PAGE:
Empire strikes back: Did Pakistani intelligence tip off Iran to U.S. drone flight plan?
December 14, 2011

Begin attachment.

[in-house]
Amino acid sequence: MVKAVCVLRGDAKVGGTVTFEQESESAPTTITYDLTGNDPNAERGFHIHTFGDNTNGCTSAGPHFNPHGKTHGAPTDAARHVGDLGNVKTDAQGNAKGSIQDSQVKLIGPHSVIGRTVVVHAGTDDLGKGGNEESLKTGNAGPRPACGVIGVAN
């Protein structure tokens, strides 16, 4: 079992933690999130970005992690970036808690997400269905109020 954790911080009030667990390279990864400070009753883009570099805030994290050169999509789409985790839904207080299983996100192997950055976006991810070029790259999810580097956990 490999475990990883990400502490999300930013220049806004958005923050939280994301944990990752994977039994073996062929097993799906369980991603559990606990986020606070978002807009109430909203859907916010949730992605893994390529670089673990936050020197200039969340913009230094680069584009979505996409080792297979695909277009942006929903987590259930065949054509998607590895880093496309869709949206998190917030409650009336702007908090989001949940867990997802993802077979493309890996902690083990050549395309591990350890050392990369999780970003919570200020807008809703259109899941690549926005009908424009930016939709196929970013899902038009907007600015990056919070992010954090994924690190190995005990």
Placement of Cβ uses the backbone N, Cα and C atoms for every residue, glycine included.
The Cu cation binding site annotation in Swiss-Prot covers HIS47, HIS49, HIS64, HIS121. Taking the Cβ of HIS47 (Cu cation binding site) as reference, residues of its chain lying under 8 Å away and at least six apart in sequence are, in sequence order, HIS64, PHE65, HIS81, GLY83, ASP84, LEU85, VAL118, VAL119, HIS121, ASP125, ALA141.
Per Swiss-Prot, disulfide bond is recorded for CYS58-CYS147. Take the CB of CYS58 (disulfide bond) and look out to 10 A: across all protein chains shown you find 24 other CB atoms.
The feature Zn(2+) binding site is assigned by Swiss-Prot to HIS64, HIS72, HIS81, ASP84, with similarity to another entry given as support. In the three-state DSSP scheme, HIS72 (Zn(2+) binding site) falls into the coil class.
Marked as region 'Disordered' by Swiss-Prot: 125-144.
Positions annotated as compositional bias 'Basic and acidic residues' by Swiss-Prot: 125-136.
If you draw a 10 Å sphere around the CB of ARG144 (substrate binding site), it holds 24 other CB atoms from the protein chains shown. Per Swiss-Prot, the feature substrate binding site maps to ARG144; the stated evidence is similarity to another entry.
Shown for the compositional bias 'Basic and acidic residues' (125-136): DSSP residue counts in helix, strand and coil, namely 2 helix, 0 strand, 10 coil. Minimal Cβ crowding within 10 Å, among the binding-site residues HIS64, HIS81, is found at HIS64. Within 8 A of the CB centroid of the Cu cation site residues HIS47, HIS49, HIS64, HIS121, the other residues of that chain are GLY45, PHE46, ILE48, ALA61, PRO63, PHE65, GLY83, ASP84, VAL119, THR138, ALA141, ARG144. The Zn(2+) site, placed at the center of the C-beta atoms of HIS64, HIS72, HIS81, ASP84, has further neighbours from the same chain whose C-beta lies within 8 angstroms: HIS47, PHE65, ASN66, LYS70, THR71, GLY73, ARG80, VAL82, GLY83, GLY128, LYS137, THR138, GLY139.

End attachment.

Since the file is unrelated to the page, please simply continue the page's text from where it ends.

IRAN – It’s the same drone believed to have been used in the covert CIA operation to kill Osama bin Laden in Pakistan. Was the U.S. operation compromised by ISI intelligence in Pakistan before it even began? Star Wars may have conceptualized the reconnaissance drone or droid but it may be U.S. bungling with these military automatons that may make them catalysts for the next World War. Iran exhibited the top-secret U.S. stealth drone RQ-170 Sentinel captured on Sunday, Dec. 4. Its almost perfect condition confirmed Tehran’s claim that the UAV was downed by a cyber attack, meaning it was not shot down but brought in undamaged by an electronic warfare ambush. This is a major debacle for the stealth technology the U.S. uses in its warplanes and the drone technology developed by the U.S. and Israel. The state of the lost UAV refutes the U.S. military contention that the Sentinel’s systems malfunctioned. If this had happened, it would have crashed and either been wrecked or damaged. The condition of the RQ-170 intact obliges the U.S. and Israel to make major changes in plans for a potential strike against Iran’s nuclear program. The Obama administration’s decision after internal debate not to send U.S. commando or air units into Iran to retrieve or destroy the secret RQ-170 stealth drone which fell into Iranian hands has strengthened the hands of the Israeli faction which argues the case for striking Iran’s nuclear installations without waiting for the Americans to make their move. Senior Israeli diplomatic and security officials who followed the discussion in Washington concluded that, by failing to act, the administration has left Iran not only with the secrets of the Sentinel’s stealth coating, its sensors and cameras, but also with the data stored in its computer cells on targets marked out by the U.S. and/or Israeli for attack. Like every clandestine weapons system, the RQ-170 had a self-destruct mechanism to prevent its secrets spilling out to the enemy in the event of a crash or capture. This did not happen. Tehran was able to claim the spy drone was only slightly damaged when they downed it. The NATO spokesman claimed control was lost of the U.S. UAV and it went missing, a common occurrence for these unmanned aircraft. The enigmas surrounding its capture continue to pile up. How did Iran know the drone had entered its airspace? How was it caused to land? Most of all, why did the craft’s self-destruct mechanism which is programmed to activate automatically fail to work? And if it malfunctioned, why was it not activated by remote control? Thursday, Dec. 8, The New York Times and the Wall Street Journal reported that from Sunday, Dec. 4, when Tehran announced the stealth drone’s capture, the Obama administration weighed sending special commando forces into Iran from bases in Afghanistan to bring the downed aircraft back to Afghanistan or blow it up to destroy the almost intact secret systems – either by a sneak operation or by an air strike. In the end, the paper quoted a U.S. official as explaining that the attack option was ruled out “because of the potential it could become a larger incident.” If an assault team entered the country, the U.S. “could be accused of an act of war” by Tehran. –Debka